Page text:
LEWISTON, Maine — After hearing the suspect in two mass shootings here this week was found dead by police, locals gathered at a 7-Eleven convenience store, one of the only places open in the city late Friday.
Across the street from Central Maine Medical Center, where many of the victims of the mass shootings were treated, friends and family greeted each other, expressing relief that this part of their nightmare was over.
“I’m taking the next three days off and sleeping,” said Chris Palmer of Lewiston, who works for Domino’s Pizza and said he was working nonstop and often juggling eight or nine orders at a time since a shelter-in-place order went into effect on Wednesday.
It was lifted on Friday after Gov. Janet Mills and police announced that Robert R. Card II, the suspect in the shootings that killed 18 people and injured 13 others, was found dead around 7:45 p.m. near a transfer station in Lisbon.
Before she began speaking, Mills first hugged Regan Thibodeau, the expressive American Sign Language interpreter who became well-known for her work in press briefings early in the COVID-19 pandemic and translated during briefings on the shootings.
Thibodeau’s friend and colleague, interpreter Josh Seals, was among four members of Maine’s deaf community allegedly killed by Card at a cornhole tournament at a bar on Lewiston Wednesday. It was the second of two locations where police say he entered and opened fire at two locations before fleeing and sparking a 48-hour manhunt.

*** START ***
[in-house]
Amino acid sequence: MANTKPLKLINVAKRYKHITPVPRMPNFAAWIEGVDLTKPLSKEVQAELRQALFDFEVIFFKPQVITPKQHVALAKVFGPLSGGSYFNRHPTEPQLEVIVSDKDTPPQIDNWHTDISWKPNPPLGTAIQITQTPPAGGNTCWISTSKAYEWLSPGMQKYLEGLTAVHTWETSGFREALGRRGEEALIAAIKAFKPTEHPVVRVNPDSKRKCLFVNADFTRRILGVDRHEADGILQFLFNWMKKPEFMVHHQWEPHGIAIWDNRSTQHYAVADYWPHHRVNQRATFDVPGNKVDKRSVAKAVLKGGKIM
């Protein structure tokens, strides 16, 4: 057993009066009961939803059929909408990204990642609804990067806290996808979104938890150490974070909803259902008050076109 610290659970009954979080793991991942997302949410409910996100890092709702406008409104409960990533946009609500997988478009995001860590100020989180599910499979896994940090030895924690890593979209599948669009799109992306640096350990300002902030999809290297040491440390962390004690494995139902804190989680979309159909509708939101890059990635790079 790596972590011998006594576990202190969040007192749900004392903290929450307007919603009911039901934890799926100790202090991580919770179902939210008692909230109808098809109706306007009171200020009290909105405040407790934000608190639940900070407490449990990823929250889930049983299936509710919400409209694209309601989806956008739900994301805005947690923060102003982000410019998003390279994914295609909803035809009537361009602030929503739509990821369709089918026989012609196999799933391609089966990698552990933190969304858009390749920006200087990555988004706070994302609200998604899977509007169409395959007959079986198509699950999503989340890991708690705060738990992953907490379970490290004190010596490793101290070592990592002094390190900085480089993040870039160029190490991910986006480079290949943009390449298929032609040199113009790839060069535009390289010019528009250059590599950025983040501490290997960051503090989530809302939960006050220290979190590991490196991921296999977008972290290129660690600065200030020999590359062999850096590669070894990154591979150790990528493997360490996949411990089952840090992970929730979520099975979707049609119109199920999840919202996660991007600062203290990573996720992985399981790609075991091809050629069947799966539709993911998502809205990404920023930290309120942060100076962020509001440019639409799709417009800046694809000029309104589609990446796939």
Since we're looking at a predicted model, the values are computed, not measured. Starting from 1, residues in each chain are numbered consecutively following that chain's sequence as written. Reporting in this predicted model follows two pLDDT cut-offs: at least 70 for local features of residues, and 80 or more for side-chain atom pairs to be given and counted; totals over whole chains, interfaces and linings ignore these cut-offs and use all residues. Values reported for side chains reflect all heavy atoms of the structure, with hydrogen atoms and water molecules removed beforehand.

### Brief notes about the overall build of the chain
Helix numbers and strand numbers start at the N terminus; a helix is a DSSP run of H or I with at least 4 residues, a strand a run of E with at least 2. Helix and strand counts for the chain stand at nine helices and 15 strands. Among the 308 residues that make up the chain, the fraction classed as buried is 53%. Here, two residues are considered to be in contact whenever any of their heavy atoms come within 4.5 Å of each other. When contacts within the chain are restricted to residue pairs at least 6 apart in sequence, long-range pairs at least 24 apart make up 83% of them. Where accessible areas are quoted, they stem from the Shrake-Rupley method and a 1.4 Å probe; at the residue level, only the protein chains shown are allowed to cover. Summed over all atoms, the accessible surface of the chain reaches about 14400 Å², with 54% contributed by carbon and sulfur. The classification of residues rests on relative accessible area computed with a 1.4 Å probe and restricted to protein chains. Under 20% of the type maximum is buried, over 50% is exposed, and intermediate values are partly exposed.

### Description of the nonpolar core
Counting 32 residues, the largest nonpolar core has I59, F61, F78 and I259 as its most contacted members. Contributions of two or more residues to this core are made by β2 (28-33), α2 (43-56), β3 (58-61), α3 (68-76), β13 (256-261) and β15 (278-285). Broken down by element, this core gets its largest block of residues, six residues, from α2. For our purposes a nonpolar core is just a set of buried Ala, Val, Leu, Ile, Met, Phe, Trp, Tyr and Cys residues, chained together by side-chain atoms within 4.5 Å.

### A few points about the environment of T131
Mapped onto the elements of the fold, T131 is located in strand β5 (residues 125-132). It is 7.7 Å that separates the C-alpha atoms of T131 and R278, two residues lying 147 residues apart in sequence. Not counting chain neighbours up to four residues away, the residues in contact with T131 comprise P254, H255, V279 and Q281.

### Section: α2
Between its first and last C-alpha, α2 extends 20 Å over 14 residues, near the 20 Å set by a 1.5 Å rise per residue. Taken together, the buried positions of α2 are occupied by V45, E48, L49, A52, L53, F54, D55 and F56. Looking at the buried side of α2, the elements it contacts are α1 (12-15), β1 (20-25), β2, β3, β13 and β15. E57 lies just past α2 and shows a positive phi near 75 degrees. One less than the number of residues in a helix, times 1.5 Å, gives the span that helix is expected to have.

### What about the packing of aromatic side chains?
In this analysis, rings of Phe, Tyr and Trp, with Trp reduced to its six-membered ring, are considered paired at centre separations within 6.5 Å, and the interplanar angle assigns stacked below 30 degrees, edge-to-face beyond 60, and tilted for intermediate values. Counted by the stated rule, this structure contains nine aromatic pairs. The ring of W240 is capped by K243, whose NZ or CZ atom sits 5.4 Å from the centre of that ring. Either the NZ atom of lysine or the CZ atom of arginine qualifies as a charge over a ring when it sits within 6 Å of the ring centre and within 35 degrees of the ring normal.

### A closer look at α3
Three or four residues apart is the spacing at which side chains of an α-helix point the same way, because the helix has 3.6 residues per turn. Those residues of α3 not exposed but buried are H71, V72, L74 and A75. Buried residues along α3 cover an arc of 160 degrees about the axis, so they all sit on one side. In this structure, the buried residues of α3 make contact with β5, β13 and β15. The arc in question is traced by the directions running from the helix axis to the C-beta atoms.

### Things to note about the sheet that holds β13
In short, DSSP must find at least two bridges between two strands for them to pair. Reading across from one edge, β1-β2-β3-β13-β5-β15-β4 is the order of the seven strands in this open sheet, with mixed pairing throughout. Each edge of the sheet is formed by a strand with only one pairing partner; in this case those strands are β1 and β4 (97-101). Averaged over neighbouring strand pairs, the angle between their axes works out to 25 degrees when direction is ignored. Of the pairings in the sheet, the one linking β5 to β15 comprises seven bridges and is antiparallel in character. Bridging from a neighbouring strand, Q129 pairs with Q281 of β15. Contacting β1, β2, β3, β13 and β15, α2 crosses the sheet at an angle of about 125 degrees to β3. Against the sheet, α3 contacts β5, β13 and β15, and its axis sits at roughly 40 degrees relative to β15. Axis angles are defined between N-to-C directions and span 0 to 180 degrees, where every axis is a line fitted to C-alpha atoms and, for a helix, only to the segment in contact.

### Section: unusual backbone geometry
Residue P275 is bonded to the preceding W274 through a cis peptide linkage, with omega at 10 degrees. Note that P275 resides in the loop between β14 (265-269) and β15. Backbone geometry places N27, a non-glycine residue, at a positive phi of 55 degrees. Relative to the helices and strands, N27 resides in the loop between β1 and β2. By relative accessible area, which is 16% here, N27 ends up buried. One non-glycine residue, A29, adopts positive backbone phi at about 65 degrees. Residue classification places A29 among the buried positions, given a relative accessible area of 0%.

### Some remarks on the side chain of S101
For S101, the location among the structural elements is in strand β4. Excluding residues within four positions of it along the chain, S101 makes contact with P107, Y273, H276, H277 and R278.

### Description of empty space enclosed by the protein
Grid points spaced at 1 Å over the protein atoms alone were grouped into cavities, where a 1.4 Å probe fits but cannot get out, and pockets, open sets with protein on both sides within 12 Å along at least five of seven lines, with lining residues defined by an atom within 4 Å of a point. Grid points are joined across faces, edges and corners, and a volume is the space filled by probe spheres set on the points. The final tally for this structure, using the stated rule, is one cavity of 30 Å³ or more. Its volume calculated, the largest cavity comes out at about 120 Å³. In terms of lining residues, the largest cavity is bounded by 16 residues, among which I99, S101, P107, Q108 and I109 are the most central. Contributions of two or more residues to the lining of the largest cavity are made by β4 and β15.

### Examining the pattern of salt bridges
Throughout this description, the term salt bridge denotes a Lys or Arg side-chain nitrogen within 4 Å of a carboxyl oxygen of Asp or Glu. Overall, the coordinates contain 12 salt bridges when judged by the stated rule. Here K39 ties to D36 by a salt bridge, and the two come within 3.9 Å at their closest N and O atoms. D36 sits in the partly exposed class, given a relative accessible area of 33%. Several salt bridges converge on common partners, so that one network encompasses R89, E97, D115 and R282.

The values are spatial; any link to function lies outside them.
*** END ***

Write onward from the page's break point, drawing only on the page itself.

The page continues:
Indications are that he died from a self-inflicted gun wound, Mike Sauschuck, commissioner of the Maine Department of Public Safety, said. Even though Card is no longer a threat, Mills said she is aware that knowledge may not bring solace to victims, their families and friends.
“But now is the time to heal,” Mills said. “I know that law enforcement continues to fully investigate this tragedy so that we can bring what closure we can to the victims and their families.”
As well as consolations, people have questions, too: Why did the alleged gunman, Card, do it? How could he get that weapon given his documented history of struggling with mental health?
“Some of this is the system’s fault, he shouldn’t have had guns,” Kevin Pease, whose two daughters regularly bowl at Just-In-Time recreation, said outside the 7-Eleven.
These questions linger in the minds of Lewiston locals, and it’s hard to feel safe knowing this happened. Chris Flanagan and Jasmine Whitehead, a husband and wife who live in Lewiston, said they plan to get a firearm after this week’s mass shootings.
“I’m going to protect my family,” said a friend of the couple who didn’t want to be identified. “Without a doubt. Without a doubt.”
The city and region will rest easier. But Flanagan and others acknowledged that it’ll be a tough road ahead for not only the victims’ families, but for Card’s relatives, too.
“I hope the community rallies around that family,” said Michelle Tucker, who works at a local nonprofit. “His kids are probably wondering the same thing we are: ‘Why did he do this?’”